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A strike mission on the three nuclear facilities would require no fewer than 90 combat aircraft, including all 25 F-15Es in the IAF inventory and another 65 F-16I/Cs. On top of that, all the IAF’s refueling planes will have to be airborne: 5 KC-130Hs and 4 B-707s. The combat aircraft will have to be refueled both en route to and on the way back from Iran. The IAF will have a hard time locating an area above which the tankers can cruise without being detected by the Syrians or the Turks. One of the toughest operational problems to resolve is the fact that the facility at Natanz is buried deep underground. Part of it, the fuel-enrichment plant, reaches a depth of 8 meters, and is protected by a 2.5-meter-thick concrete wall, which is in turn protected by another concrete wall. By mid-2004 the Iranians had fortified their defense of the other part of the facility, where the centrifuges are housed. They buried it 25 meters underground and built a roof over it made of reinforced concrete several meters thick. –“Here’s how Israel would destroy Iran’s nuclear program,” Reuven Pedatzur, Haaretz (via)
Google would get an explicit, perpetual license to scan and sell access to these in-copyright but out-of-print orphans, which make up an estimated 50 to 70 percent of books published after 1923. No other provider of digital books would enjoy the same legal protection. The settlement also creates a Book Rights Registry that, in conjunction with Google, would set prices for all commercial terms associated with digital books…. There are alternatives. Separate from the Google effort, hundreds of libraries, publishers and technology firms are already digitizing books, with the goal of creating an open, freely accessible system for people to discover, borrow, purchase and read millions of titles. It’s not that expensive. For the cost of 60 miles of highway, we can have a 10 million-book digital library available to a generation that is growing up reading on-screen… Through a simple Web search, a student researching the life of John F. Kennedy should be able to find books from many libraries, and many booksellers– and not be limited to one private library whose titles are available for a fee, controlled by a corporation that can dictate what we are allowed to read. –“A Book Grab by Google,” Brewster Kahle, The Washington Post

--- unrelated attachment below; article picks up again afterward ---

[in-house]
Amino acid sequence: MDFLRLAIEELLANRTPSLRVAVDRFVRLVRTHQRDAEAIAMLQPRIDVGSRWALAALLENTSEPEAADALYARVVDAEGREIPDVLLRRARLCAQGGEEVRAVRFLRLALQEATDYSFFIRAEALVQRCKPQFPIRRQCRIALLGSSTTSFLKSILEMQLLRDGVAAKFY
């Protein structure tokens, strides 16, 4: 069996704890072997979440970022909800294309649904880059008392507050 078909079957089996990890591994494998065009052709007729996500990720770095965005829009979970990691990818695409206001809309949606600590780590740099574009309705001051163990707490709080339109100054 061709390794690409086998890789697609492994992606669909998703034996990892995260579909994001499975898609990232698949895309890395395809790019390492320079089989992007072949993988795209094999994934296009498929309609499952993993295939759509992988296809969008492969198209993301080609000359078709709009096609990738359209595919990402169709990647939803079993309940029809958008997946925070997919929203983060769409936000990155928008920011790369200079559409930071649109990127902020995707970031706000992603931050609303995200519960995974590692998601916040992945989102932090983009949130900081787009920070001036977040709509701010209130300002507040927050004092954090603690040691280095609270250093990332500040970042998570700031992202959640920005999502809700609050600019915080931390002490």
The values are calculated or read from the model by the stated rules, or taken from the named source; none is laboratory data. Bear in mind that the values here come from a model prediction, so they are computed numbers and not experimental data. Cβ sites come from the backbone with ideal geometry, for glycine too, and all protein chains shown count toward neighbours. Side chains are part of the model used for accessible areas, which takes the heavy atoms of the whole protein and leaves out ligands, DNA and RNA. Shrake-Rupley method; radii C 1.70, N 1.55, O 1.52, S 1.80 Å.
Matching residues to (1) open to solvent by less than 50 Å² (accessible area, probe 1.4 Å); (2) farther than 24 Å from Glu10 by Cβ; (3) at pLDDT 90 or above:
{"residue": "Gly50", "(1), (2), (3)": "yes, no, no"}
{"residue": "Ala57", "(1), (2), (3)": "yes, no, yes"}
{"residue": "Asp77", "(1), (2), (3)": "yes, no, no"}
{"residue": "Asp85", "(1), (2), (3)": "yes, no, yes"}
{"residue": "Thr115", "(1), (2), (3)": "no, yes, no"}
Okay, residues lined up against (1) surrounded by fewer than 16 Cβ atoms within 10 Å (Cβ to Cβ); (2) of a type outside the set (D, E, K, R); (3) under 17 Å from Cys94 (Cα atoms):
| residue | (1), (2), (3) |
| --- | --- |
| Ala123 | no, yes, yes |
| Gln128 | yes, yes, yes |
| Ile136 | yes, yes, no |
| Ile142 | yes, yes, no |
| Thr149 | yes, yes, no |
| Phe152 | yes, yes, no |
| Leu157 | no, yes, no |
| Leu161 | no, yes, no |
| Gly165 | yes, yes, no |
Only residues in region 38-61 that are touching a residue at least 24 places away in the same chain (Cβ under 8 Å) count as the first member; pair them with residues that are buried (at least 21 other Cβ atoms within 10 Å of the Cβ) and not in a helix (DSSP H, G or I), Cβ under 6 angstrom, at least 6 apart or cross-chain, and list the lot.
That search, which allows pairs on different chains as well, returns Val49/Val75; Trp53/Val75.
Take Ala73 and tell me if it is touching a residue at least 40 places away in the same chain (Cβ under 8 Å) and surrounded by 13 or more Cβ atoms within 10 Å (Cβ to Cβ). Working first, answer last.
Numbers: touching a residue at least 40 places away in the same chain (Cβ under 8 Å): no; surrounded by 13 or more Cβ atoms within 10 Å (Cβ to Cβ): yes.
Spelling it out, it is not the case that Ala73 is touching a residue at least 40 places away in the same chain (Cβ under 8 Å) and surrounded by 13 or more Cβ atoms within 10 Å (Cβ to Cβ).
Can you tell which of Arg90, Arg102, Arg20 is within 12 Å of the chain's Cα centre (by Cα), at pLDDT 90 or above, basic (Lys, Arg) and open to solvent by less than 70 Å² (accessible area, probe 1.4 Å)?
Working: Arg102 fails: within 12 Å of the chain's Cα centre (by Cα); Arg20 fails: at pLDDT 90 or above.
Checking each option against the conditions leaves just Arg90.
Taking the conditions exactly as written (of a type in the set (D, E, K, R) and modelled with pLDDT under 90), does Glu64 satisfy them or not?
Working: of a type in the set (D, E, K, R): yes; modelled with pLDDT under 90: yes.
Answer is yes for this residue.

Mass effort by Distributed Proofreaders brings 15,000th title into text (Phil. Trans. o/t Royal Soc., Vol. 1); The Transactions, 1665, including “Observables upon a Monstrous Head”; Wired editor can’t catch the long tail
On Tuesday morning, researchers will unveil a 47-million-year-old fossil they say could revolutionize the understanding of human evolution at a ceremony at the American Museum of Natural History. But the event, which will coincide with the publishing of a peer-reviewed article about the find, is the first stop in a coordinated, branded media event, orchestrated by the scientists and the History Channel, including a film detailing the secretive two-year study of the fossil, a book release, an exclusive arrangement with ABC News and an elaborate Web site. “Any pop band is doing the same thing,” said Jorn H. Hurum, a scientist at the University of Oslo who acquired the fossil and assembled the team of scientists that studied it. “Any athlete is doing the same thing. We have to start thinking the same way in science.” –“Seeking a Missing Link, and a Mass Audience,” Tim Arango, The New York Times
Years ago, I lived in Montana, a land of purple sunsets, clear streams, and snowflakes the size of silver dollars drifting through the cold air. There were no speed limits and you could legally drive drunk. My small apartment in Missoula had little privacy. In order to write, I rented an off-season fishing cabin on Rock Creek, a one-room place with a bed and a bureau. I lacked the budget for a desk. My idea was to remove a sliding door from a closet in my apartment and place it over a couple of hastily cobbled-together sawhorses.
Annual premium on a $6,000 life insurance policy for a champion German shepherd:
Astronomers discovered a pulsar called a superbubble, which spins 716 times per second.
Nigerian president Muhammadu Buhari told reporters that his wife “belonged to” his kitchen.
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“Matt was happy enough to sustain himself on the detritus of a world he saw as careening toward self-destruction, and equally happy to scam a government he despised. 'I’m glad everyone’s so wasteful,' he told me. 'It supports my lifestyle.'”